Science & Environment

Ancient climate change 'link' to CO2

Artist's impression of mammoths in North America
Image caption CO2 could have caused Ice Ages in the Northern Hemisphere to intensify

A "global pattern" of change in the Earth's climate began 2.7 million years ago, say scientists.

Researchers found that, at this point, temperature patterns in the tropics slipped into step with patterns of Ice Ages in the Northern Hemisphere.

They report in the journal Science that atmospheric CO2 could be the "missing link" to explain this global pattern.

The findings, they say, reveal a "feedback process" that could have been magnified by greenhouse gases.

This loop of feedback could have intensified both the Ice Ages in the Northern Hemisphere, and temperature fluctuations in the tropics.

Professor Timothy Herbert from Brown University in Rhode Island, US, led the research.

He and his colleagues, in the US and China, analysed mud cores from the seabed in the four tropical ocean basins - the Arabian Sea, the South China Sea, the eastern Pacific and the equatorial Atlantic Ocean.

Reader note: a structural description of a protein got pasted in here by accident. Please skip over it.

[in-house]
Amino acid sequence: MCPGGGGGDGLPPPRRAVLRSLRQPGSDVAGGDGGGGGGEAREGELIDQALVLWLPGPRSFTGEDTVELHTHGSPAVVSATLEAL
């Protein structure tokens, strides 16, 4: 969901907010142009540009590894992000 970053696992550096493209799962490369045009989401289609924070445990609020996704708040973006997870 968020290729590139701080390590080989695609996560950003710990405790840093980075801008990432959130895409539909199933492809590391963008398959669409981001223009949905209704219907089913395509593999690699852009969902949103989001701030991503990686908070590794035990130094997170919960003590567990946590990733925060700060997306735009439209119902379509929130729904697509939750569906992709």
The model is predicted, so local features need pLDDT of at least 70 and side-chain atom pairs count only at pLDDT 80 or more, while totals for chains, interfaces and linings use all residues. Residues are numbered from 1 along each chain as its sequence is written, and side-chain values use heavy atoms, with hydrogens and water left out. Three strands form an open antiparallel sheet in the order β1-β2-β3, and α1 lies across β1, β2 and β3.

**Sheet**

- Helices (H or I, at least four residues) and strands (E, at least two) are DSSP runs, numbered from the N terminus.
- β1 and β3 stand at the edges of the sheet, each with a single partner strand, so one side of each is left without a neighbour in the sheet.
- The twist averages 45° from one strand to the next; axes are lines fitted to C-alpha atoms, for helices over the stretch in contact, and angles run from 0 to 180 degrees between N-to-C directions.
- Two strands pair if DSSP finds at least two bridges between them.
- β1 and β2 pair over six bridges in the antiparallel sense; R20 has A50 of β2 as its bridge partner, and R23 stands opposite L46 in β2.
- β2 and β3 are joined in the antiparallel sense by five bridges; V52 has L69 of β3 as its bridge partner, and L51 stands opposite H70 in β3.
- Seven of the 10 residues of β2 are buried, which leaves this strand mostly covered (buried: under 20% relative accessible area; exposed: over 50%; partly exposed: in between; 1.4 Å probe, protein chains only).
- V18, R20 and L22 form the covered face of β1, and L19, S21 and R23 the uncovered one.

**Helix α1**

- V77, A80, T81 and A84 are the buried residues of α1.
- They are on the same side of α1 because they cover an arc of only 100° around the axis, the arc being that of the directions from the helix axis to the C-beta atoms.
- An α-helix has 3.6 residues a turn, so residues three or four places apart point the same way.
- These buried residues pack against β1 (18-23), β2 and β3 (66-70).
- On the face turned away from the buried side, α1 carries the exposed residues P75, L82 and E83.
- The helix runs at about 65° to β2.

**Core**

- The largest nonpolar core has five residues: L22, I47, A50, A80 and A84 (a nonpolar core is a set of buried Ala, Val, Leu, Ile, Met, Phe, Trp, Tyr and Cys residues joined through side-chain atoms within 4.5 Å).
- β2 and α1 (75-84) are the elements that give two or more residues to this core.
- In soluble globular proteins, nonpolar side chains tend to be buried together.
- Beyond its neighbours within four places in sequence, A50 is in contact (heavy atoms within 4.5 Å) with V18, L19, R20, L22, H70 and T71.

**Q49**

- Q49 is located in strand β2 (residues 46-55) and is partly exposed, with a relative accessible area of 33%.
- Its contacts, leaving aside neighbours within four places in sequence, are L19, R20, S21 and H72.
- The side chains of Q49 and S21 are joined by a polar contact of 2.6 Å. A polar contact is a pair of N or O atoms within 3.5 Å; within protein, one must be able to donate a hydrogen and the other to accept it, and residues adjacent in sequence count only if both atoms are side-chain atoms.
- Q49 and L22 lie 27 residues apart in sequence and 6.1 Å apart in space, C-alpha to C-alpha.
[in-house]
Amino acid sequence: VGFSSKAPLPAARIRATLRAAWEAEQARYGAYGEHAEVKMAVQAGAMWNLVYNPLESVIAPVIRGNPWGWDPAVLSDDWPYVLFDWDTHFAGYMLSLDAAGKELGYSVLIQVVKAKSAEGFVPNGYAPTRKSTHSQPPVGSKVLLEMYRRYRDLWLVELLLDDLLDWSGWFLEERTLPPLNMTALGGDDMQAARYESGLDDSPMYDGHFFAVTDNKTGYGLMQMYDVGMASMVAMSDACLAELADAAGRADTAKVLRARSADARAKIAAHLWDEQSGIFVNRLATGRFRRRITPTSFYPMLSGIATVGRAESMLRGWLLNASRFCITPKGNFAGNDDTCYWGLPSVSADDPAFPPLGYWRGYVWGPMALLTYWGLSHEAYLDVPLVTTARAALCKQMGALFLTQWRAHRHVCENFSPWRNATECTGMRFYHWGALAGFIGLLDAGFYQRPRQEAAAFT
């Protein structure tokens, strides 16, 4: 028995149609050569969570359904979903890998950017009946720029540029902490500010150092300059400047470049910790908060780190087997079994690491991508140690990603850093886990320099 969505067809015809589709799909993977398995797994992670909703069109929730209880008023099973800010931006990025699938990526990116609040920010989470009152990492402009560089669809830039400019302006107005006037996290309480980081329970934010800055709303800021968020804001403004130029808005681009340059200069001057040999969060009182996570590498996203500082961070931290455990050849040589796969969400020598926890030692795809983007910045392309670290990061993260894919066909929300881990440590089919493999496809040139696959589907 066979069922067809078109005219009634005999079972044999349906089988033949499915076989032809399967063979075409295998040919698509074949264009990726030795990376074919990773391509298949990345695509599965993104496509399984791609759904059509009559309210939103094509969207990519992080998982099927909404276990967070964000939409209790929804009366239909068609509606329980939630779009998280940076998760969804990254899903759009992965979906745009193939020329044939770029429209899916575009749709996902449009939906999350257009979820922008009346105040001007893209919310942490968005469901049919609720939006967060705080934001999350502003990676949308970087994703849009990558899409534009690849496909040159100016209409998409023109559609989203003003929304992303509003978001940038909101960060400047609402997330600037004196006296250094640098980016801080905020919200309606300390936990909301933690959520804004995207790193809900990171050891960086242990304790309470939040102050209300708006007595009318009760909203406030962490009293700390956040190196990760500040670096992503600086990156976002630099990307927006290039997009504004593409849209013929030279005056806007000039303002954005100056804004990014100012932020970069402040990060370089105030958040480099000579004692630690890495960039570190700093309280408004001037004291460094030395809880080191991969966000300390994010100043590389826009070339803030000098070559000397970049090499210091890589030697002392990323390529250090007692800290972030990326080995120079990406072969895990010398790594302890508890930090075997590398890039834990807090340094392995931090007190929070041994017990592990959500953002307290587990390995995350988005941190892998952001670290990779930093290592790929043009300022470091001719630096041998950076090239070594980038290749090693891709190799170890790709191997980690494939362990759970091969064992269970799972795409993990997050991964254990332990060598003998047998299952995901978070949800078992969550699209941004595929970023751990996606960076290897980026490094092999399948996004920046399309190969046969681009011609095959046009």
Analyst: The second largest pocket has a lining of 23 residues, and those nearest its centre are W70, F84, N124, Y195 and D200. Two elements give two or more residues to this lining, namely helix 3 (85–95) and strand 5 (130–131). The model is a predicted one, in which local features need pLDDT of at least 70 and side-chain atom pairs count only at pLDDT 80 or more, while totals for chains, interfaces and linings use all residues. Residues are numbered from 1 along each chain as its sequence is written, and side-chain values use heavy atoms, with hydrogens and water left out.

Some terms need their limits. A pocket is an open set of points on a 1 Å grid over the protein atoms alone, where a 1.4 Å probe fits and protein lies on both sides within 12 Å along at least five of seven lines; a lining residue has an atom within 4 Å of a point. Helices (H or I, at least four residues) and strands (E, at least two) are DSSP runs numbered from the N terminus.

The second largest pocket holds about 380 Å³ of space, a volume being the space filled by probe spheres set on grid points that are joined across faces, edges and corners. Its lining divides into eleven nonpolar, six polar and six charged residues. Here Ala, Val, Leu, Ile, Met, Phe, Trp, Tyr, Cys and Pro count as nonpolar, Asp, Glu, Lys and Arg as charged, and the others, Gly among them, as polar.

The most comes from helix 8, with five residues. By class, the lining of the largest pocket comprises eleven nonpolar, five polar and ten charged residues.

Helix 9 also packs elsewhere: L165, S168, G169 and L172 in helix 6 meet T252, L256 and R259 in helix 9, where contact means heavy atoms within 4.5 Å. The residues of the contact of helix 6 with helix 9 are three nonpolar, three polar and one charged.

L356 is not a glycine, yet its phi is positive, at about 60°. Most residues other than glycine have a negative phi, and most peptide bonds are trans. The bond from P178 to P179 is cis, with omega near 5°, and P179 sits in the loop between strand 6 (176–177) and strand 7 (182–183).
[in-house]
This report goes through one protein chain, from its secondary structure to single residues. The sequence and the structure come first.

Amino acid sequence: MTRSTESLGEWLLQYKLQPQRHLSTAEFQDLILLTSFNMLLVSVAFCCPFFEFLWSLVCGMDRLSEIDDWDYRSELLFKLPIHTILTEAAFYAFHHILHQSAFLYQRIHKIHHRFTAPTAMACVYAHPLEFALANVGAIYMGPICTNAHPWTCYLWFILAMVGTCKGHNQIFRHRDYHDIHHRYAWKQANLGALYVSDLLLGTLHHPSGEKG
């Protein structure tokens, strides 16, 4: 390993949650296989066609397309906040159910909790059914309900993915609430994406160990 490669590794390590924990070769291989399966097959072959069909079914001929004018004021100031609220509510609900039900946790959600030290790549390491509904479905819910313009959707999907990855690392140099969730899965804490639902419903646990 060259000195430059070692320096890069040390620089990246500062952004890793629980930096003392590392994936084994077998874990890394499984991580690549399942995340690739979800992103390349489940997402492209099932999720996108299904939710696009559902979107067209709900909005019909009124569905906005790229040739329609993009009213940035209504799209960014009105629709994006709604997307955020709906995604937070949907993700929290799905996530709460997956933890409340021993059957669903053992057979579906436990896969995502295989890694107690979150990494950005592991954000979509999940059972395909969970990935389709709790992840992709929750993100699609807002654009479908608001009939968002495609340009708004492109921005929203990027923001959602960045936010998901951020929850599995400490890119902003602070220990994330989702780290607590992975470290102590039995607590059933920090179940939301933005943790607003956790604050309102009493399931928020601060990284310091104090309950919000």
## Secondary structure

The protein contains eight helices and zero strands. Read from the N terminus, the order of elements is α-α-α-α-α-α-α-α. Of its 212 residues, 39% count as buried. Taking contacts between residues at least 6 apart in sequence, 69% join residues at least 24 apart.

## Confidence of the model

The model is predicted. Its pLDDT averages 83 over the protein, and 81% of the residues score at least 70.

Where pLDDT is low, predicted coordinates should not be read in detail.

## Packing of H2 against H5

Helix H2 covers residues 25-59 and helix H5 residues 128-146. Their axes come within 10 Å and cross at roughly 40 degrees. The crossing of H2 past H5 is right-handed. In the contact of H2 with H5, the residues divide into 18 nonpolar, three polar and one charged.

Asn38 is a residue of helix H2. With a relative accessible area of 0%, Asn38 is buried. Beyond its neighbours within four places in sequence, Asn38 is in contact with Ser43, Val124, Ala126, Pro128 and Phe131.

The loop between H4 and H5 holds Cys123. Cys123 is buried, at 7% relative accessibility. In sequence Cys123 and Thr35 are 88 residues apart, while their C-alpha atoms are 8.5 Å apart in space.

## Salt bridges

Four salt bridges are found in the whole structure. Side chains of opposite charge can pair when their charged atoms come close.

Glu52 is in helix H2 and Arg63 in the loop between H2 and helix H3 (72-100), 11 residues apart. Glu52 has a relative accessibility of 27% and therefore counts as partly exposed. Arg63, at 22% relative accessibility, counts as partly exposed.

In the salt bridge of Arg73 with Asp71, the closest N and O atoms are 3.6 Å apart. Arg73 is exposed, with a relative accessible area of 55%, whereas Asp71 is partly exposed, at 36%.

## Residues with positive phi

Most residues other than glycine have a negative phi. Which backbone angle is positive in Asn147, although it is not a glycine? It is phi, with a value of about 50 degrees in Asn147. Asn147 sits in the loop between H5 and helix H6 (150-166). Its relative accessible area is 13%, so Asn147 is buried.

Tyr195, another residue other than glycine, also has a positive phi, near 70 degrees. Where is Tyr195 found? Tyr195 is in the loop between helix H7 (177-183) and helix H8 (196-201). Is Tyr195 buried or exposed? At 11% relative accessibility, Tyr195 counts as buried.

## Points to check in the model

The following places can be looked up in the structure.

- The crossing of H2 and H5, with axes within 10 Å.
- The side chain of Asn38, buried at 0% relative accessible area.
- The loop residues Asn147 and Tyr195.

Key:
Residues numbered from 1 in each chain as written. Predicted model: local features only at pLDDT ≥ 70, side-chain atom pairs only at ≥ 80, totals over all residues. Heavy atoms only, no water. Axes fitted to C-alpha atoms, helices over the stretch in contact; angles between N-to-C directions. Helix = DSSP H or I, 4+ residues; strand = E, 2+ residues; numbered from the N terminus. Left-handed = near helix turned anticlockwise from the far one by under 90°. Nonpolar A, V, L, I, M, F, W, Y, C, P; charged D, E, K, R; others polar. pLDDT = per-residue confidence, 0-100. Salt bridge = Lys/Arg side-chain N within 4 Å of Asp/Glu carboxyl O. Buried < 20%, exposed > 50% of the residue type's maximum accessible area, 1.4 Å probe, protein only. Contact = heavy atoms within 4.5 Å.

These mud cores are laid down over millions of years - as sediments of dead plant and animal material sink to the ocean floor.

So by analysing the chemical composition of this material - specifically the chemical remains of one ancient and tiny marine organism - the scientists were able to produce a timeline of temperature changes.

The team "found a fingerprint in the sequence of temperature changes" - a pattern that began 2.7 million years ago, Professor Herbert explained.

He told BBC News: "The timing and the amplitude of temperature changes [in the Northern Hemisphere] are reproduced in the tropical temperatures. The patterns are incredibly similar."

He added that the study provided the first direct evidence of a global pattern in climate change that dated back almost three million years.

Ancient greenhouse

Professor Herbert added that the "best global mechanism" to explain this link was the level of atmospheric greenhouse gases.

Dr Carrie Lear, a palaeoclimate scientist from Cardiff University in the UK, agreed that carbon dioxide was the likely "culprit".

She told BBC News: "This study reveals a feedback process that has magnified climate change since the inception of Northern Hemisphere glaciation 2.7 million years ago.

"It seems the tropical warming caused by high CO2 levels set off a chain of events resulting in additional greenhouse gases, including water vapour, being released to the atmosphere, thus causing further warming."

Dr Lear said that such studies of past climate change were "invaluable in understanding the current climate system, and hence predicting future change".

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